• The pattern and pathogenesis of nonlocalizing visual disturbances, associated with optic disc edema (ODE), raised cerebrospinal fluid pressure, and intracranial space-taking lesions were investigated experimentally in rhesus monkeys with simulated progressive brain tumor and clinically in patients with benign intracranial hypertension. The visual disturbances occurring in one or both eyes were of three types: recurrent attacks of transient obscuration, permanent blindness, and various types of visual field defects. The studies indicate that the visual disturbances are usually due to two mechanisms. The most common is ischemia of the optic disc secondary to ODE. The other, rarer mechanism probably consists of the space-taking lesion causing downward herniation of the parahippocampal gyrus into the tentorial notch, producing compression of the lateral geniculate body and optic tract.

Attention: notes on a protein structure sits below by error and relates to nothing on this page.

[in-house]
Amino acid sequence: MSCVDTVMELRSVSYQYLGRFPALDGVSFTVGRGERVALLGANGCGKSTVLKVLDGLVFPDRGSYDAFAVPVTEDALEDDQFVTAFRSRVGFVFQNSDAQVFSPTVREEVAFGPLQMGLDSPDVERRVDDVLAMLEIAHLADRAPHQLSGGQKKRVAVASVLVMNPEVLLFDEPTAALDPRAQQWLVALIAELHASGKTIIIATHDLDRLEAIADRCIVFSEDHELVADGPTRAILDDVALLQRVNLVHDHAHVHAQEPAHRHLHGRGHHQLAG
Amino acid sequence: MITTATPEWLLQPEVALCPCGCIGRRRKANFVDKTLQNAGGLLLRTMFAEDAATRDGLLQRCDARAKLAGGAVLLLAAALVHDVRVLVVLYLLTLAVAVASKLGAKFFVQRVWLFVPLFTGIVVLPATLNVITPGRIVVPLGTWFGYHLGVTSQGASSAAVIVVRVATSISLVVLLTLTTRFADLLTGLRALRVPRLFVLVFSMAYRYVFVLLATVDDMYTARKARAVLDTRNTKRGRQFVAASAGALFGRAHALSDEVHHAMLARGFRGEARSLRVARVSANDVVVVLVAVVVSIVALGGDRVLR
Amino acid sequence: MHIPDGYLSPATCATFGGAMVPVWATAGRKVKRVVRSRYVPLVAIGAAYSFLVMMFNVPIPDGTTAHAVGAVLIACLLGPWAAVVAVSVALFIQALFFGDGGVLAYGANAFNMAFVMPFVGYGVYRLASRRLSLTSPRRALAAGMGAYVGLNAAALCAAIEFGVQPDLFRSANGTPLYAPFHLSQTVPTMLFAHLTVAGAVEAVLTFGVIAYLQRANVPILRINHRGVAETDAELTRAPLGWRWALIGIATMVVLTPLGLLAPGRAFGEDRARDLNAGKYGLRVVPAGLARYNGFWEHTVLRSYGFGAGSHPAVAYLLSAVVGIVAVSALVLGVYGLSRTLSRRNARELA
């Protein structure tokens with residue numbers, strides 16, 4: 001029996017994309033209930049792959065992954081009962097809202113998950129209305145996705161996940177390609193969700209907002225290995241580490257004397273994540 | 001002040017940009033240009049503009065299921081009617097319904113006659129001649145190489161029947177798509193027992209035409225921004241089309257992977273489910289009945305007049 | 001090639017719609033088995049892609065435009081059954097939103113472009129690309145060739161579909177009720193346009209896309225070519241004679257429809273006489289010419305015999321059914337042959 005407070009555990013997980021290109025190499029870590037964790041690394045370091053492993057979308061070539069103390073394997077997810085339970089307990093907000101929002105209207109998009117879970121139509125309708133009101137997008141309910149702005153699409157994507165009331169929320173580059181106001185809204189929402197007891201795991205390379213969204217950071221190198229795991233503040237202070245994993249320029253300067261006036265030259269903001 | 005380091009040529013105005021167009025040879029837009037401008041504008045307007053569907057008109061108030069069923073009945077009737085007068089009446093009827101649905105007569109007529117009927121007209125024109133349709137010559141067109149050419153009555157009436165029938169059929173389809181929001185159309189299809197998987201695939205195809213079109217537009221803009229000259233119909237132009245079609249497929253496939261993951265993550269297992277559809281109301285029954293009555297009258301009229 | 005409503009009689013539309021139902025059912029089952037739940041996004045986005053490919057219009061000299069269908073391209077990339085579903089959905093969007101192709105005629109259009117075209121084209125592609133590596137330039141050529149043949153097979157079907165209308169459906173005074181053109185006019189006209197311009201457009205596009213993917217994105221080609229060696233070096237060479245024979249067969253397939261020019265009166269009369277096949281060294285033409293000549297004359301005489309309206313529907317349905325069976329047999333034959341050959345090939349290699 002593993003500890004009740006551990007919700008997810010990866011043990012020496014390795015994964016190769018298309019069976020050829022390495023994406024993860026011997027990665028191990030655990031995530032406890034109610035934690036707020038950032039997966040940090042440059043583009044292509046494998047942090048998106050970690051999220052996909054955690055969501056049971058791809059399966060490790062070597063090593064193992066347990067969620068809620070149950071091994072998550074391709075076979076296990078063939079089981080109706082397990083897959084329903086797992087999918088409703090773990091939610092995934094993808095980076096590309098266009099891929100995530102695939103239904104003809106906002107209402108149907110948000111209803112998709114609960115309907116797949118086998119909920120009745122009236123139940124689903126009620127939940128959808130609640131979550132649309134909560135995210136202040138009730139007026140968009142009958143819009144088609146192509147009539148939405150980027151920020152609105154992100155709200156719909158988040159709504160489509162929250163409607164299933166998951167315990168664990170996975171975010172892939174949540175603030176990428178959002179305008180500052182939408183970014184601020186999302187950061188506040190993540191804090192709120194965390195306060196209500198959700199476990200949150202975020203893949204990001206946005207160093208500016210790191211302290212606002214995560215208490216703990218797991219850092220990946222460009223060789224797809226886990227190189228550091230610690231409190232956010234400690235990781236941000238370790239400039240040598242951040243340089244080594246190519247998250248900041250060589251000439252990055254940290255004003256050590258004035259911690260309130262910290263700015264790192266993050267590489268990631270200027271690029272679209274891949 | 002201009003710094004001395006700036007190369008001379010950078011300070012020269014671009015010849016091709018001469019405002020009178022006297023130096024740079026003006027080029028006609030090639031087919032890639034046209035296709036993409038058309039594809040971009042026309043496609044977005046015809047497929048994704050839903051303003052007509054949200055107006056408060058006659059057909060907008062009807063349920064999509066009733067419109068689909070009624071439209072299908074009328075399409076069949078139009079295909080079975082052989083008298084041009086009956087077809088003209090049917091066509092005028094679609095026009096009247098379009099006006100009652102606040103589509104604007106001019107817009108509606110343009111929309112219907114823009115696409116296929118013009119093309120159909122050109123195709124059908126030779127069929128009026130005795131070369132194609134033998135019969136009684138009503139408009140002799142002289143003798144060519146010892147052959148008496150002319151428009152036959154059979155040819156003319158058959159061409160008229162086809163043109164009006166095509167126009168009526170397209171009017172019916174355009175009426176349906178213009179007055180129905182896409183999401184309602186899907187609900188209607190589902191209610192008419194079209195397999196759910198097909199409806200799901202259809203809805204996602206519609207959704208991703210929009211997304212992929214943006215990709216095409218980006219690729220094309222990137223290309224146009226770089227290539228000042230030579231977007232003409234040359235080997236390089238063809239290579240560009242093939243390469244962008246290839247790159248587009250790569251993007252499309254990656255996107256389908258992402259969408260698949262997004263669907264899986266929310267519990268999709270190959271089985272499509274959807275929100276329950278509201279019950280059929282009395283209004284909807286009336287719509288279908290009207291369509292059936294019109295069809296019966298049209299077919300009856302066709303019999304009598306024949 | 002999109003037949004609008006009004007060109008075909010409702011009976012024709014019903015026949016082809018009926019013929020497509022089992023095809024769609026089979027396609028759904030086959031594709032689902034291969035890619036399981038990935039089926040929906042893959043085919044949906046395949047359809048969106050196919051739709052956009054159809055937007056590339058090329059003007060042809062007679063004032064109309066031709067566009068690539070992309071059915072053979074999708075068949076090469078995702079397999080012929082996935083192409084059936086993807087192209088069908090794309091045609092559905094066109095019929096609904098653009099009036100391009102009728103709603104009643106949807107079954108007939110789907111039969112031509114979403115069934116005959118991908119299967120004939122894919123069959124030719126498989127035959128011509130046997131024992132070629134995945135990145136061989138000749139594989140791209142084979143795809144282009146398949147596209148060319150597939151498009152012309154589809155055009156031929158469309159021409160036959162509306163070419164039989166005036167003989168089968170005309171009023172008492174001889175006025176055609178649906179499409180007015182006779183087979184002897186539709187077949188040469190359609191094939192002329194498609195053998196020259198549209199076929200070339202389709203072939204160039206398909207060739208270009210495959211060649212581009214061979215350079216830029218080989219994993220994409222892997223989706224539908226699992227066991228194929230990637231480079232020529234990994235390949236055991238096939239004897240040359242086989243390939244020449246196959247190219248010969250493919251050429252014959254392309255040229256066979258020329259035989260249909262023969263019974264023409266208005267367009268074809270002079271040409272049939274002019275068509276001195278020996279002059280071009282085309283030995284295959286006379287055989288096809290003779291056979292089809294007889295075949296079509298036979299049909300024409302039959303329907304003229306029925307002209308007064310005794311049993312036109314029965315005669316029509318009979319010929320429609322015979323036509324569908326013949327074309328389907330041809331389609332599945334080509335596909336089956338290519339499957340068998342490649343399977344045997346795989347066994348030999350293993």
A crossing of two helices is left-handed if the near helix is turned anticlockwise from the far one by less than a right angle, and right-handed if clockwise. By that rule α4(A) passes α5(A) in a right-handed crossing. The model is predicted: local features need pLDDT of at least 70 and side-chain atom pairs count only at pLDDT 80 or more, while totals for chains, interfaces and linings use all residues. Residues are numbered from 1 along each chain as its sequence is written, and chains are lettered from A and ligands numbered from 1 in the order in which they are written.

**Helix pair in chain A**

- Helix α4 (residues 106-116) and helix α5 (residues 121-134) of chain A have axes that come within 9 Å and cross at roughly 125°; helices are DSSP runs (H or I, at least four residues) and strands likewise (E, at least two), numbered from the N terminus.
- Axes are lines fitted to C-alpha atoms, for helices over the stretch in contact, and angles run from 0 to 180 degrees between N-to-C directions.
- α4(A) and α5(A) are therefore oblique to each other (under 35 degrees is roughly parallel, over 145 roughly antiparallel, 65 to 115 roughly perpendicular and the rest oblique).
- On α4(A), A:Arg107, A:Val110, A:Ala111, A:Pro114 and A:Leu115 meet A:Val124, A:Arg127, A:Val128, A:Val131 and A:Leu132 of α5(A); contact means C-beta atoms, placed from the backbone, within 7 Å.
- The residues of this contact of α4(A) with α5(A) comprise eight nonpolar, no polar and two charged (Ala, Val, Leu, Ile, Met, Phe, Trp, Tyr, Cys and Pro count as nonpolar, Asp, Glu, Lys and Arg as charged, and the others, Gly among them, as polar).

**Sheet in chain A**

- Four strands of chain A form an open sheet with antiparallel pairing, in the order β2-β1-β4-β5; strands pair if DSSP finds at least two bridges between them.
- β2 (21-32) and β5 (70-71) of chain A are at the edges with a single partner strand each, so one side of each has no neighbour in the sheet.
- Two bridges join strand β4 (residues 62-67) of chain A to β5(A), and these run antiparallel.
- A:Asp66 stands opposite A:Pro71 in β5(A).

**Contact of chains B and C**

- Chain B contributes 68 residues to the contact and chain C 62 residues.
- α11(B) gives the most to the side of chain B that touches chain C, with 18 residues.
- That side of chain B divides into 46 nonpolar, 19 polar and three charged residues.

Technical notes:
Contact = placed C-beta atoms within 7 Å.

(Arch Ophthalmol 95:1566-1579, 1977)
Hayreh SS. Optic Disc Edema in Raised Intracranial PressureVI. Associated Visual Disturbances and Their Pathogenesis. Arch Ophthalmol. 1977;95(9):1566–1579. doi:10.1001/archopht.1977.04450090088007
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